Your theme produces a slightly different result on one web browser, just a pixel different here or there. Someone complains because they are used to print where everything is pixel perfect (but only if they use the most expensive print process).
Your mate sends you an unknown CSS file download from some mystery Web site and you install it bang in the middle of your theme. The unknown file fixes the reported problem. everyone says
magic. You have effectively done the equivalent of install a virus.
Those mystery files, often called a
reset, simple set some defaults usually set in drupal and your base theme. You replaced all the defaults with different defaults and you will spend many hours tracking down weird errors caused by the reset, with most resets costing far more than what they contribute.
If you do have a problem and it is solved by a reset, track down the exact change fixing the problem then remove the reset and add the individual change to your subtheme then contribute the change as a suggestion to the developers of your base theme. They will [ick up some of the suggestions and incorporate them in a future release, removing the need for your modification to your subtheme and hopefully eradicating another reset. Fixing a problem in a base theme is far more useful than covering the sore spot with endless reset bandaids.
Choosing an unsupported theme without a reason
There are lots of impressive themes with support for what they already do but will never have support for the enhancements you request and the themes may never survive the upgrade from Drupal 7 to drupal 8. Choosing one of those themes with little use and little active development is a mistake that will bite you in a few months. you will have to throw it away and start again.
Does that mean you never look at those themes? No, you create several parallel test sites using the Drupal multisite feature then you place your base theme on one of the sites and the weird other theme on another site. You then experiment with a merge of features from the specialised theme to your subtheme. In most cases the result is better than the weird little theme and in the long term, easier to maintain.
Some of the weird little themes are being redeveloped as subthemes of big base themes because the developers of the weird little themes cannot afford the big conversion to HTML5 and all the other good things already in the big base themes.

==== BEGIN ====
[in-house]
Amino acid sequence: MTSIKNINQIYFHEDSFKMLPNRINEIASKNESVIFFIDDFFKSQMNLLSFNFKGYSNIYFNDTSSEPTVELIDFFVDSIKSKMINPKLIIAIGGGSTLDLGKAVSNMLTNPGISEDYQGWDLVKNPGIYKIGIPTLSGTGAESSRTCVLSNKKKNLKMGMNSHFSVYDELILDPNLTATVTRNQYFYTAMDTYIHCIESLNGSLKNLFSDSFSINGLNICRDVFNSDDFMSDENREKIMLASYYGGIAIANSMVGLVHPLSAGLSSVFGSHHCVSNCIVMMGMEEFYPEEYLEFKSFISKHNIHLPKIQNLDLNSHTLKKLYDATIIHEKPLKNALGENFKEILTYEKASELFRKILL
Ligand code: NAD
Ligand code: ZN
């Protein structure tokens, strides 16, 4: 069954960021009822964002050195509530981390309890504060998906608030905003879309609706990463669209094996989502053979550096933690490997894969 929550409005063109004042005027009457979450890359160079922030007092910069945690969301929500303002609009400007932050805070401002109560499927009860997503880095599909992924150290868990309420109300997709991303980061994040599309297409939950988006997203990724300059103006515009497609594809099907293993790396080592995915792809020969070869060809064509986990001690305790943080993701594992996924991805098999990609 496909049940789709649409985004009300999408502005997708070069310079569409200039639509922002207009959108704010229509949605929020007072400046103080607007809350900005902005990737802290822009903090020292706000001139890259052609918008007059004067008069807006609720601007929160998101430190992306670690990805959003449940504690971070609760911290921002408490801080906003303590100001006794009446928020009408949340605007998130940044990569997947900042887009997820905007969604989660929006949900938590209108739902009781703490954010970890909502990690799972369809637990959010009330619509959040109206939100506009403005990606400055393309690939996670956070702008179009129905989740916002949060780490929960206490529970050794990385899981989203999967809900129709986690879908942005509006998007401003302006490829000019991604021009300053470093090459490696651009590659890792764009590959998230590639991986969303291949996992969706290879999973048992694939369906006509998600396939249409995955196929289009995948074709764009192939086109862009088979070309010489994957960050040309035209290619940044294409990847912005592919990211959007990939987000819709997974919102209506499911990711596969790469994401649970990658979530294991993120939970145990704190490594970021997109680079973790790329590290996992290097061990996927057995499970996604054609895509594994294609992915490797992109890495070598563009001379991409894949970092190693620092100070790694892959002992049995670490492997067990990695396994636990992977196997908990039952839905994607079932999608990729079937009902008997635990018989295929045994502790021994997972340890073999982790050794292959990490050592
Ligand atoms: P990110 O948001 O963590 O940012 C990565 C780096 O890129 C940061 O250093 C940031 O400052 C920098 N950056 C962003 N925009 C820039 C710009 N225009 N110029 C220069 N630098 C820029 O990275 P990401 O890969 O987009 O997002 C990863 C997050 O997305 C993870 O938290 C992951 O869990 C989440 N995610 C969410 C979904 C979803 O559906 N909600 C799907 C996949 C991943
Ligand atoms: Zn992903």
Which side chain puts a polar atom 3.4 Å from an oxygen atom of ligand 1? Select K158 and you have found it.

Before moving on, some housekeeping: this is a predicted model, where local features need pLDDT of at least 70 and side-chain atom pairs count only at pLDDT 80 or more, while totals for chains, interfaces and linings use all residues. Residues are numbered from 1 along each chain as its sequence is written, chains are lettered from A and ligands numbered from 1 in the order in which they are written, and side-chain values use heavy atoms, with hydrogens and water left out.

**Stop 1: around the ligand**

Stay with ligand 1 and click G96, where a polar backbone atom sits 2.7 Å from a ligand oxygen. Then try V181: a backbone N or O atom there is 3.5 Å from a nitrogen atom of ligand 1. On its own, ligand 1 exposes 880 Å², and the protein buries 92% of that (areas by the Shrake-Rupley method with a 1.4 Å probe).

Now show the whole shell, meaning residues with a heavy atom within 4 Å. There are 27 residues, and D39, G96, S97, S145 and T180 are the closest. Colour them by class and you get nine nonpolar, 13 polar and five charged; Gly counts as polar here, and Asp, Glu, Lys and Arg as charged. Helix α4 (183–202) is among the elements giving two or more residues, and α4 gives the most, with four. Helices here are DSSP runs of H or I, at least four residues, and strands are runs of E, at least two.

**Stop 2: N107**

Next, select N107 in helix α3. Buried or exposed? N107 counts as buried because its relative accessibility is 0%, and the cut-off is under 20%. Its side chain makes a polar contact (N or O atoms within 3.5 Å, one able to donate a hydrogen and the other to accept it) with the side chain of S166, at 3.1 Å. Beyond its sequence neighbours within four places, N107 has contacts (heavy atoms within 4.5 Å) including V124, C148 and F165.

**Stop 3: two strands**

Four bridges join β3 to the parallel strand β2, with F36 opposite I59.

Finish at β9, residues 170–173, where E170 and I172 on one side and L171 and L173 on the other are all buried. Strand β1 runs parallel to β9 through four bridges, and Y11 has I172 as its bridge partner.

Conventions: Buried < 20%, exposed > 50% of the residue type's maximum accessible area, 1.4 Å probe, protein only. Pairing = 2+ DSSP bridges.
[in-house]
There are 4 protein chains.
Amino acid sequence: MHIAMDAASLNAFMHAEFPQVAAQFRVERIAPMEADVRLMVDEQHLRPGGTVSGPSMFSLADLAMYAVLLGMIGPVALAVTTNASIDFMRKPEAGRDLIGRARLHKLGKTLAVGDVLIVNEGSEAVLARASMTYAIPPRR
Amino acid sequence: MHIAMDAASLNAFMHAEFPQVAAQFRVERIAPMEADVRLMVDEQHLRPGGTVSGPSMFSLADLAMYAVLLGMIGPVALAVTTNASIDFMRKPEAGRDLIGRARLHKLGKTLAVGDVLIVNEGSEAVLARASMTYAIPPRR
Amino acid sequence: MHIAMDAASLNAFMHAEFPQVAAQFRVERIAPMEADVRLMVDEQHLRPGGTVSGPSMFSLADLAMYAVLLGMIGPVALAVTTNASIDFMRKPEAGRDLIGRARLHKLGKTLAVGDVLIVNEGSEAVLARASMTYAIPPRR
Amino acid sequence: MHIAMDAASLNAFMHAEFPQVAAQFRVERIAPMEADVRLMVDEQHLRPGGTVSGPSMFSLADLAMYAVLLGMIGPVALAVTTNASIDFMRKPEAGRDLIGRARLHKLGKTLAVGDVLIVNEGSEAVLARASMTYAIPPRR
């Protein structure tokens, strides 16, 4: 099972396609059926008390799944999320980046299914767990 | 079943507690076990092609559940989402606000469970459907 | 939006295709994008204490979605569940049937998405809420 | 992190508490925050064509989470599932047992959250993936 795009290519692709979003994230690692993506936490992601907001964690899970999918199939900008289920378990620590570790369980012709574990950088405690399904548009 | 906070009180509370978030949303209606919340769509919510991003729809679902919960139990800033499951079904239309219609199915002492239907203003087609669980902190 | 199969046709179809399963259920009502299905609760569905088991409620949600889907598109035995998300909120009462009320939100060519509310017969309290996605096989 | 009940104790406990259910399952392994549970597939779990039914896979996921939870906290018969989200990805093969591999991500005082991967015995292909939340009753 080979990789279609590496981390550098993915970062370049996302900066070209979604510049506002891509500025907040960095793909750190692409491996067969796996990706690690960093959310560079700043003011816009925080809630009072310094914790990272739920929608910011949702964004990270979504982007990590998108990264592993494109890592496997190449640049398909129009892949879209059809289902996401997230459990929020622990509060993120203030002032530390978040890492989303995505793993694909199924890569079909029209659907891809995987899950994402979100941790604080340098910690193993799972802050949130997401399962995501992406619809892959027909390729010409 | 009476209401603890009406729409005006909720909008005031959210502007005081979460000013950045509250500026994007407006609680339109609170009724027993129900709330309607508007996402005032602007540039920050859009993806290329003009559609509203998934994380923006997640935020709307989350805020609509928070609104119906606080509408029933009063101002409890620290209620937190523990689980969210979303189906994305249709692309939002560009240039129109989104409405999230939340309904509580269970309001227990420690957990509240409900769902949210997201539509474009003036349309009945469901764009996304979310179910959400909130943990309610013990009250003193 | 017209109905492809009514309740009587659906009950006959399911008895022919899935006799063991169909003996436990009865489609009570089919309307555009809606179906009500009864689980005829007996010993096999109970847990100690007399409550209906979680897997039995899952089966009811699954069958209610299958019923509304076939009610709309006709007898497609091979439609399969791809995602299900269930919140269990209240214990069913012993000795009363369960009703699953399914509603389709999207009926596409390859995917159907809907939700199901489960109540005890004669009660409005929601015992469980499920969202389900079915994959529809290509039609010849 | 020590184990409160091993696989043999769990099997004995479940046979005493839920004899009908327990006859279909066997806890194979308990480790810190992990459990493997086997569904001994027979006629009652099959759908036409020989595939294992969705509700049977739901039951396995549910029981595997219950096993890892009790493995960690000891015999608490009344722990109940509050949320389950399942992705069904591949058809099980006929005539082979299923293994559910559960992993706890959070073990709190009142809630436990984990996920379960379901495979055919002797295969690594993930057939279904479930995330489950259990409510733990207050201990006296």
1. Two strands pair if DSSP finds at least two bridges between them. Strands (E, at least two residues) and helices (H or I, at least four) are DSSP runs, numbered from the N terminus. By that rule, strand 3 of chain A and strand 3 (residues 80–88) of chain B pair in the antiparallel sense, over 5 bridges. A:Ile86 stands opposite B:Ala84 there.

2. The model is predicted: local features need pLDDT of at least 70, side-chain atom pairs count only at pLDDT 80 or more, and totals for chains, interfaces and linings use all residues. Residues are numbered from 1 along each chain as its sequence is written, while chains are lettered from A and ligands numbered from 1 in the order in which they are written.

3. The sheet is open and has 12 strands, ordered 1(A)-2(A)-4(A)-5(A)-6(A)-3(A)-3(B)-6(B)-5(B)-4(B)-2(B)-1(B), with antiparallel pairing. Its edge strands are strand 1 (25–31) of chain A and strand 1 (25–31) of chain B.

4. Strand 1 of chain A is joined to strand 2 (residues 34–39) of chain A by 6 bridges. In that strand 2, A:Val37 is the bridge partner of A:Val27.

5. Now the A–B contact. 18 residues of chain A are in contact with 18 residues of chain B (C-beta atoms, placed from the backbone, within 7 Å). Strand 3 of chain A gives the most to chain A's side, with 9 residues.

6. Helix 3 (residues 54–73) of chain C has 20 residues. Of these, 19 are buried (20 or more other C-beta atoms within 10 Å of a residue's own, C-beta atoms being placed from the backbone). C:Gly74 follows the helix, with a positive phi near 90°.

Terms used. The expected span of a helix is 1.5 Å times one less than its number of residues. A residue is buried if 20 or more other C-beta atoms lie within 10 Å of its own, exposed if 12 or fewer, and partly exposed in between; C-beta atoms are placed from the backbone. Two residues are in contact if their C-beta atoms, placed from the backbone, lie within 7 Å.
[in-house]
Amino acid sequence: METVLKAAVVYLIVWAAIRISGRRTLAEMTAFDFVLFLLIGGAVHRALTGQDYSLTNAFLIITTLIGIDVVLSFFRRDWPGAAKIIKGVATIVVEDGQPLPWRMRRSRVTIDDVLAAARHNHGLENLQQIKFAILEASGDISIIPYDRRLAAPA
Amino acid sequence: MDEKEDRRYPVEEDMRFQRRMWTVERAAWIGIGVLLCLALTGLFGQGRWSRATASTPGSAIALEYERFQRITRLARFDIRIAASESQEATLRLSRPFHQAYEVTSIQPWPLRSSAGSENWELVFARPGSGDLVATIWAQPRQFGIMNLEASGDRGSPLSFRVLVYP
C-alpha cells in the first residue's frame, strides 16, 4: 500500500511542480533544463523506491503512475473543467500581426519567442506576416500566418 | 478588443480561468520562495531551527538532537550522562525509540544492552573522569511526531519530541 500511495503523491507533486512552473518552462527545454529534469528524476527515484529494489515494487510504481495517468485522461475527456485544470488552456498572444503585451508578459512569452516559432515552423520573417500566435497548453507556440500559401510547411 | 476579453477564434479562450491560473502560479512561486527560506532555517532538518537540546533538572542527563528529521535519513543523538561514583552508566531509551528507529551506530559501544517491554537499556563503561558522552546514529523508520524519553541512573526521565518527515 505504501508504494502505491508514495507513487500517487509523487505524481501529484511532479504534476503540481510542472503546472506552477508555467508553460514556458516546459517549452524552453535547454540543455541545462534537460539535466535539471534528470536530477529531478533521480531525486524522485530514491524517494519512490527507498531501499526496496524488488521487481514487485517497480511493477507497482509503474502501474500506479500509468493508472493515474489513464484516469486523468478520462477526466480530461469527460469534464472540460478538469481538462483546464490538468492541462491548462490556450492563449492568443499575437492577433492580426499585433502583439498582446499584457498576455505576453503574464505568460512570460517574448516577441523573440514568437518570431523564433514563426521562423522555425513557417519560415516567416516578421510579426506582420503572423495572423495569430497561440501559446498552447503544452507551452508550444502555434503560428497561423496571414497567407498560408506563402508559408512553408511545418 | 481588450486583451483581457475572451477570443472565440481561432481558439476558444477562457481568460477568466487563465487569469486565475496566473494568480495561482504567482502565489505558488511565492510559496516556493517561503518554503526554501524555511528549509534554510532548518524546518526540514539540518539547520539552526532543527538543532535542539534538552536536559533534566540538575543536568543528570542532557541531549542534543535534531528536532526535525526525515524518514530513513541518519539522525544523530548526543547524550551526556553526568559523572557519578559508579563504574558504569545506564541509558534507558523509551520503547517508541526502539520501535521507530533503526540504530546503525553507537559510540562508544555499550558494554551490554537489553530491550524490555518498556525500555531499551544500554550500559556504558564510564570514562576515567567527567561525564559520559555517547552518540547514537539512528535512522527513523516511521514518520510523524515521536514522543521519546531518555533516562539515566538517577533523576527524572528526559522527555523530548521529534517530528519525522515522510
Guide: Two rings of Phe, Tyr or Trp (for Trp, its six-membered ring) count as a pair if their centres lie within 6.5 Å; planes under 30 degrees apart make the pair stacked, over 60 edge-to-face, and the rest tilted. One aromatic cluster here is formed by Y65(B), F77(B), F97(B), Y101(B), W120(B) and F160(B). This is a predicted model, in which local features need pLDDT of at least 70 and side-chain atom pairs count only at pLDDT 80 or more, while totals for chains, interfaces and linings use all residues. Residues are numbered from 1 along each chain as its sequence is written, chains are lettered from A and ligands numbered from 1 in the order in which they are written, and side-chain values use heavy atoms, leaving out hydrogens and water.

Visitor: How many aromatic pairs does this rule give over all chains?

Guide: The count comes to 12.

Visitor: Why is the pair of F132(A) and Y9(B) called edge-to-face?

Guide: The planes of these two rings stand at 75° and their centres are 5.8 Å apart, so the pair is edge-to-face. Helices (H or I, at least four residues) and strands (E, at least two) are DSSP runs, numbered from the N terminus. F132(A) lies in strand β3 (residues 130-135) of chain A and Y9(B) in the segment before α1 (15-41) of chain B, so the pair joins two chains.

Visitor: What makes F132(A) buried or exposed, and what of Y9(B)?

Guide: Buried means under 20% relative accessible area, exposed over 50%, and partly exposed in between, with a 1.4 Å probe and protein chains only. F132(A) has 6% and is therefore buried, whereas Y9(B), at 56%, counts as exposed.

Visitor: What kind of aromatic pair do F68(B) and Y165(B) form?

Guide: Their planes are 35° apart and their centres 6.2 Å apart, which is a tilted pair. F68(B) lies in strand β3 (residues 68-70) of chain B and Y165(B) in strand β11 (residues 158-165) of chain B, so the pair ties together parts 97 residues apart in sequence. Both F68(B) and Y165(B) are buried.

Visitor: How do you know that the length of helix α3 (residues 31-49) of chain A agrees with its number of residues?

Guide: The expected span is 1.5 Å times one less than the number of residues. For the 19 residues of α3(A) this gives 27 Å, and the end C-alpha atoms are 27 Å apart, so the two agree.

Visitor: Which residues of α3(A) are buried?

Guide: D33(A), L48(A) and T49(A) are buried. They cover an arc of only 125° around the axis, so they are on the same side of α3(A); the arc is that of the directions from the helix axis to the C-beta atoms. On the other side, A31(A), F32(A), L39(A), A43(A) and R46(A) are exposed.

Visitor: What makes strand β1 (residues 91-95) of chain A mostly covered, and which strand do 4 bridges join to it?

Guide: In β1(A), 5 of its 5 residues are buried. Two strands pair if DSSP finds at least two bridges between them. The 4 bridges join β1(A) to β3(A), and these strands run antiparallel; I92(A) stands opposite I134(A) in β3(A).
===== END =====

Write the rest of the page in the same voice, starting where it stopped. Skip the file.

Watchdog is Drupal's way of telling you something should be looked at. Visit your Web site, log in as administrator, then visit
Administration &rquo; Reports &rquo; Recent log messages (
/admin/reports/dblog). Check every type of message and fix everything marked as an error or warning.
When you develop a theme, you will be talked into changing a template file, a
.tpl.php file. The some of the data for the template pages will be missing on some pages. Look for the watchdog errors telling to to expand your template code to check for the existence of the data before your code tries to use the data.
Switch off PHP errors
PHP error messages are there for a reason. The right thing to do is to fix the code so there are no error messages. Instead developers switch off the error messages. This mistake is equivalent to closing your eyes while driving a car.
Not all developers are to blame for this disaster. Some stupid teachers teach students to switch off error messages. Some stupid hosting companies switch off errors. There are endless people switching off error messages because they just do not care, it is not their Web site. Missing data is just a new opportunity to charge more money to diagnose and fix the problem.
All error reporting should be on at every state of development, testing, and quality assurance. You might temporarily turn off the on screen display of errors on your production site but make sure everything is logged somewhere and check the logs on a regular scheduled frequency.